Emergency services call volumes increase throughout Garfield County | PostIndependent.com

Emergency services call volumes increase throughout Garfield County

Glenwood Springs Fire Department offers support for Colorado River Fire Rescue tax proposal

Firefighters with the Glenwood Springs Fire Department check out an engine similar to ones that could replace their 20-year-old engines purchased shortly after the Sept. 11, 2001, terrorist attacks.
Chelsea Self / Post Independent

In the past 10 years, call volumes for the Glenwood Springs Fire Department has increased by more than 50% while staffing has risen just 10%, GSFD Fire Chief Gary Tillotson said.

“We’ll easily top 2,400 calls by the end of the year,” Tillotson said, explaining the department responded to about 2,300 calls between September 2020 and September 2021. “We average about 200 calls a month.”

From September 2011 to September 2012, GSFD responded to about 1,600 calls, which include requests for emergency services, fire calls, vehicle collisions and service calls, such as elevator rescues, fire alarms and hazardous materials spills.

Further west in Garfield County, Colorado River Fire Rescue is experiencing similar call volume trends, CRFR Fire Chief Leif Sackett said.

The CRFR fire district experienced a 6% increase in call volume when comparing January 2020 through August 2020 to January 2021 through August 2021, Sackett said.

Across the board, emergency service calls accounted for the bulk of the firefighting agencies call volumes.

Sacket said EMS calls increased nearly 12% in the same time frame.

“It’s very much in line with our EMS call volume trends over the past five years,” he said.

In Glenwood, EMS calls account for about 65% of the department’s total call volume, and Tillotson said call volume trends aren’t likely to flatten anytime soon.

Glenwood staffing

Before the 21st century, GSFD relied heavily on volunteer firefighters and emergency responders, but nowadays, the department is a mix of full-time and part-time employees, Tillotson said.

“We have one volunteer left,” he said, explaining GSFD stopped recruiting volunteers in the early 2000s. “The training requirements are becoming so extensive that they are extremely difficult for volunteers to meet.”

GSFD employs 27 full-time personnel, including administrative positions. While the department has a goal of staffing 20 part-time personnel, it currently employs 12, he said.

In addition to fighting fires — both structure and wildland — GSFD is the area’s primary emergency medical transport service; however, the department does not handle hospital-to-hospital transfers.

“Our coverage area goes from the Hanging Lake tunnel on Interstate 70 out to mile marker No. 108, near New Creation Church,” Tillotson said. “We don’t go very far north of the Glenwood Caverns, but on the south side, we go all the way to Sunlight Mountain Ski Resort.”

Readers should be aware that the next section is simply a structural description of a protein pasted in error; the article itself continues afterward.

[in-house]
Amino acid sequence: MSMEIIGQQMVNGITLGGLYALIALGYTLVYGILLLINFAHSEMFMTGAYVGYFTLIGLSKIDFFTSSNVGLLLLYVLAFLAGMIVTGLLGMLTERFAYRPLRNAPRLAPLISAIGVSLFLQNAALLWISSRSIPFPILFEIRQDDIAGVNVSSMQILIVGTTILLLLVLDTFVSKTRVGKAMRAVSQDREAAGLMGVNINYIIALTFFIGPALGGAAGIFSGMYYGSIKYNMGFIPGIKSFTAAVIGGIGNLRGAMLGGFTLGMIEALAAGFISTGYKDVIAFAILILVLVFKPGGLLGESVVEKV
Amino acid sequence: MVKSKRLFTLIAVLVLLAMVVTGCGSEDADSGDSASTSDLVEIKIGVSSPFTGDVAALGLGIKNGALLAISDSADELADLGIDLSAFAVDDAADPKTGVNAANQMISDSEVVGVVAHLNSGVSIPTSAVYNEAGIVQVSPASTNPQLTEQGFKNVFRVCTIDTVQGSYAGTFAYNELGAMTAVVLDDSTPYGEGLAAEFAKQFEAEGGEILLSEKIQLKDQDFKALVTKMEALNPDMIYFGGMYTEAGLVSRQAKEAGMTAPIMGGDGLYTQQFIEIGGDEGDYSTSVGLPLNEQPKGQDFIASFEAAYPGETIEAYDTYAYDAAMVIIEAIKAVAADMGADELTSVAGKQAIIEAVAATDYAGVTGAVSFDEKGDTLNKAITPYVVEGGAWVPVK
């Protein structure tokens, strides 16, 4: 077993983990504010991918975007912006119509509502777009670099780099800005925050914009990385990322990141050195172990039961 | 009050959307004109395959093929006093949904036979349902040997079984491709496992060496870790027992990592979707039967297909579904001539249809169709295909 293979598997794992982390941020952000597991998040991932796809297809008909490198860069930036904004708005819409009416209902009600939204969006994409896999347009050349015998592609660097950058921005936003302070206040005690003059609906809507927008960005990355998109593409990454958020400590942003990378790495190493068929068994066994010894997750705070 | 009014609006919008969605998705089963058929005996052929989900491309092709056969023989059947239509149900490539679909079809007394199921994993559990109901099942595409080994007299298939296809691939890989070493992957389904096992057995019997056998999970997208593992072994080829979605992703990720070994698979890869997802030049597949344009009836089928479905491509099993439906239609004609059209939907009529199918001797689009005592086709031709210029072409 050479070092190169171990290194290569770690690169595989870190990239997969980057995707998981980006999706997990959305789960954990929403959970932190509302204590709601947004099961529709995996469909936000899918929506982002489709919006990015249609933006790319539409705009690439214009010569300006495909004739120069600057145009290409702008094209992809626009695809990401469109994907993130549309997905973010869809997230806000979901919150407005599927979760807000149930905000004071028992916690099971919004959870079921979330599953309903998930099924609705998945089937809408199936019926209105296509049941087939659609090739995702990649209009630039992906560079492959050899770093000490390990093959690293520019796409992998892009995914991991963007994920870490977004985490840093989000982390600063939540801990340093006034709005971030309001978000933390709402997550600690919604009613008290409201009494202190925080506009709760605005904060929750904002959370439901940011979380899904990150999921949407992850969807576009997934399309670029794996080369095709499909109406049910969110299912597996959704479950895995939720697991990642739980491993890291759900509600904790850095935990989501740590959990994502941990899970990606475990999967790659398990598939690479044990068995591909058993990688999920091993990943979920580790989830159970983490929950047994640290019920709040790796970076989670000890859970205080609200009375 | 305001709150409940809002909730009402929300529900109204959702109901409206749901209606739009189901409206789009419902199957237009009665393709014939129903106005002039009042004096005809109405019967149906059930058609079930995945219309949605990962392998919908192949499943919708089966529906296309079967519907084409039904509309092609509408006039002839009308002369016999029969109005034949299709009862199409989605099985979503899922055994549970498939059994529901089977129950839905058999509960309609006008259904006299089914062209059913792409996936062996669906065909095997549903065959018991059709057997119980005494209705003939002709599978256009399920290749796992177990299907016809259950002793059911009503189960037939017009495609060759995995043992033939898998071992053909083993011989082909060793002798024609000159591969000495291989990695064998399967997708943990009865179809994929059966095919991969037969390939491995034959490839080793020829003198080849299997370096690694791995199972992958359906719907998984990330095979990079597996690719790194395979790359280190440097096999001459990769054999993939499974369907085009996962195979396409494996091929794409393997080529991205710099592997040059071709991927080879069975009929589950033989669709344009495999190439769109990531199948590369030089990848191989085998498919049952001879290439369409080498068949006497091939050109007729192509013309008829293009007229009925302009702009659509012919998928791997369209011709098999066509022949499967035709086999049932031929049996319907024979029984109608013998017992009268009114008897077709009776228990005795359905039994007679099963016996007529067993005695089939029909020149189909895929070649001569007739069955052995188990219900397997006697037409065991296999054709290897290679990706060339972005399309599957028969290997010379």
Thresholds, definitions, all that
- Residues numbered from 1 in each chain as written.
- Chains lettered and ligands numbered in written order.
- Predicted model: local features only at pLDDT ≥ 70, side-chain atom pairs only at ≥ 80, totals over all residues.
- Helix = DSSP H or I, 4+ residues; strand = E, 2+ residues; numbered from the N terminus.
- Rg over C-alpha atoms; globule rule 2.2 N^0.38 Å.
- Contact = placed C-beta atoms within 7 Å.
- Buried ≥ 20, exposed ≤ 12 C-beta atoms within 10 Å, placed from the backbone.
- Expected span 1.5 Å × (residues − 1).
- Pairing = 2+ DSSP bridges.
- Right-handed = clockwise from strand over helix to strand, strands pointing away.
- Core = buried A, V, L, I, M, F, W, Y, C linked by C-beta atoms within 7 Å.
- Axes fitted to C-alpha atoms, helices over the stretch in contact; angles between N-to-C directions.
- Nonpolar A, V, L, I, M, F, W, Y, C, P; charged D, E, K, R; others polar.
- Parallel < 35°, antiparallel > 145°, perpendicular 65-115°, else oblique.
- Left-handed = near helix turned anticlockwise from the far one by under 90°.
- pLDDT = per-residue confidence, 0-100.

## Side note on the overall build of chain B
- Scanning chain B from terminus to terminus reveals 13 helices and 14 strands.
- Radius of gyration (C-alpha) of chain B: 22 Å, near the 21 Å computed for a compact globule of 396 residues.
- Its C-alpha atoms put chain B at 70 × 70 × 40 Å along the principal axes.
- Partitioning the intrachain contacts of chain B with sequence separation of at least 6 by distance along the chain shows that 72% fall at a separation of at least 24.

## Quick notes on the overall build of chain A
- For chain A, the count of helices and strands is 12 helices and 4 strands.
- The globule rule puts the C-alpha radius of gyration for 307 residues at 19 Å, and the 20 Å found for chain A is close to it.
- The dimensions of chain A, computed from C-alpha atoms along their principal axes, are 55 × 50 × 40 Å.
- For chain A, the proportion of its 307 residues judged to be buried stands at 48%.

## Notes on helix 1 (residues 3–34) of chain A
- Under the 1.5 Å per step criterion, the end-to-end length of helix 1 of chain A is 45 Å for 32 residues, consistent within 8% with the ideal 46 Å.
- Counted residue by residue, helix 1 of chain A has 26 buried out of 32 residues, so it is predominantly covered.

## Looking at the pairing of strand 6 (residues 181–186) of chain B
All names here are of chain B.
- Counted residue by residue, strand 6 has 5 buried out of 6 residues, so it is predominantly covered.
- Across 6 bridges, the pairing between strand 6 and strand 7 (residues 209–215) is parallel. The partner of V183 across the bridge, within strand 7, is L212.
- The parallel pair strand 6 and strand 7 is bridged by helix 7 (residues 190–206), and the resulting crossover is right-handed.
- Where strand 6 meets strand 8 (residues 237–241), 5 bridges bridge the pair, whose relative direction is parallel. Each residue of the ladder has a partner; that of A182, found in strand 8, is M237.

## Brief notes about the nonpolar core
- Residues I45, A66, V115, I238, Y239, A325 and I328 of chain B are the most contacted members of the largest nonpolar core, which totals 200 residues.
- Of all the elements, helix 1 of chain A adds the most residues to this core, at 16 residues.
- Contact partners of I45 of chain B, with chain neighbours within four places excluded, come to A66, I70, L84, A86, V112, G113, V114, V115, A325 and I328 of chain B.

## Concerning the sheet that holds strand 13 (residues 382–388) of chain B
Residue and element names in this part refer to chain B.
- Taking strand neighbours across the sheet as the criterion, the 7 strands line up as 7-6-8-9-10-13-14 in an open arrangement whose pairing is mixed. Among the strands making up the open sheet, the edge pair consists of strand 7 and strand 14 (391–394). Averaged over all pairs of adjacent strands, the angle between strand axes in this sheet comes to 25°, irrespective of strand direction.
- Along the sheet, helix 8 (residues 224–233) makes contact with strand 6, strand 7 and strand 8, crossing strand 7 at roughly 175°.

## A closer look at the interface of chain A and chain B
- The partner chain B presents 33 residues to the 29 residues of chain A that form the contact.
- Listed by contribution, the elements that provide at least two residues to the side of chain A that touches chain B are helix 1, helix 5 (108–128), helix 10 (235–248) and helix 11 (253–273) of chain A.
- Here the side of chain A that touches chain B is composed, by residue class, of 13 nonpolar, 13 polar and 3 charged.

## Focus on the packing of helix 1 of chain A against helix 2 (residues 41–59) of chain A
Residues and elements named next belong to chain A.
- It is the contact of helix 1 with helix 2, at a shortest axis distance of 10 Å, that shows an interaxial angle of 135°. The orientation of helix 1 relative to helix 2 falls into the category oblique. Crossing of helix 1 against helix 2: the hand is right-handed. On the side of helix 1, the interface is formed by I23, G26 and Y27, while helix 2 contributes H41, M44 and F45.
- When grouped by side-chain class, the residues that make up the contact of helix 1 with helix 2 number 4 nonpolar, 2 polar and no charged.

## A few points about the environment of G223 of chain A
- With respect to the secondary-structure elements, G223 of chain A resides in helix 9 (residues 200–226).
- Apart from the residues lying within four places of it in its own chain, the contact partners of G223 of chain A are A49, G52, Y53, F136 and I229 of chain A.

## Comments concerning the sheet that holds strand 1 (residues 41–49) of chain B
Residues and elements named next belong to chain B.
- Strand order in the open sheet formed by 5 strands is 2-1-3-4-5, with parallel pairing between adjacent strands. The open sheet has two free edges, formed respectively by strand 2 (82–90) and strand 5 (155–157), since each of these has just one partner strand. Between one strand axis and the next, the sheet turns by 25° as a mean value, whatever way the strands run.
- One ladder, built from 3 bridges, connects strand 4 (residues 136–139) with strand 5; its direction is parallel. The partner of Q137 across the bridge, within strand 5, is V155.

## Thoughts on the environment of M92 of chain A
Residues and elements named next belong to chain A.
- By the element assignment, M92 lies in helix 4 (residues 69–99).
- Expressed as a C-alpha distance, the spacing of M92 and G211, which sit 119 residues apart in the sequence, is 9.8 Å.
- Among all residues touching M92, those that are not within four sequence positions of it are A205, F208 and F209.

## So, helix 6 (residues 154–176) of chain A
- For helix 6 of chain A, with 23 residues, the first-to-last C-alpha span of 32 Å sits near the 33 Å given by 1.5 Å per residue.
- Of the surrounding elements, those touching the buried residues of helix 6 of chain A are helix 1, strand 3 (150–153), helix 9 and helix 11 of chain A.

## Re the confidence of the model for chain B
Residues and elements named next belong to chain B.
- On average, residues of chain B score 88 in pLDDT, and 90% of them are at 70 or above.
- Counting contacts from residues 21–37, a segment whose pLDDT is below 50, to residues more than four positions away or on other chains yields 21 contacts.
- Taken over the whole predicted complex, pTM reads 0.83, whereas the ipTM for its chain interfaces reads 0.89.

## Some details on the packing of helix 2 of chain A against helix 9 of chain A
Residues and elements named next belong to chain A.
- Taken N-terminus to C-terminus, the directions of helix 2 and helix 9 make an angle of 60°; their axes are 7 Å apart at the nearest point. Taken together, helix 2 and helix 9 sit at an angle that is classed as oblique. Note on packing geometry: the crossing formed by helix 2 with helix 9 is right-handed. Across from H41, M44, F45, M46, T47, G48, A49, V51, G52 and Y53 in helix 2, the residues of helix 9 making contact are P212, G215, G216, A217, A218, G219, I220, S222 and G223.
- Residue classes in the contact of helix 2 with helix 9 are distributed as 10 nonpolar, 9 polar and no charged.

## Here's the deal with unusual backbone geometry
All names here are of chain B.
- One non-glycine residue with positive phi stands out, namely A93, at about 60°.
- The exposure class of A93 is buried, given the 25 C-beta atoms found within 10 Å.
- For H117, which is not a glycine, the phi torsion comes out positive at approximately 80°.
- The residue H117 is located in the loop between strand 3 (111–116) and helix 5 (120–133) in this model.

Up to 24% of the department’s overall call volume consists of requests outside Glenwood Springs city limits, he said.

Firefighting in the valley is a community effort. On top of their own calls, Glenwood Springs’ firefighters comply with mutual aid agreements from surrounding fire districts by responding to calls throughout the valley.

Strength in unity

GSFD relies on firefighters from fire districts, including Rifle, Basalt, Gypsum and Carbondale, to help with calls, such as the structure fire Sept. 18 at the eastern edge of Glenwood Springs along Lincoln Avenue

“Regionwide, I think everyone is facing the same problems,” Tillotson said. “We lend aid almost as much as we receive.”

Meeting growing demand requires personnel, training and additional funds, none of which are easy to come by.

“In the long term, we need to increase staffing, but that takes time and money,” Tillotson said. “Our budget, unfortunately, isn’t going up at the same pace of our calls.”

To fill the gaps, firefighting agencies in the valley pool their support for each others’ funding requests, he said.

CRFR is seeking voter approval in November of a mill levy that could be phased in over multiple years. Rather than increasing the taxpayers’ property rates by 6 mills in the first year, a request which was denied by area voters in 2020, CRFR’s new proposal calls for a rate increase of 3 mills in 2022, an additional 2 mills in 2024, and up to an additional 1.75 mills in 2026, totalling 6.75 mills.

“It’s important that we all stay as strong as our budgets will allow us to,” Tillotson said. “Their strength ultimately ties into our strength, and that goes both ways.”

Reporter Ike Fredregill can be reached at 970-384-9154 or by email at ifredregill@postindependent.com.

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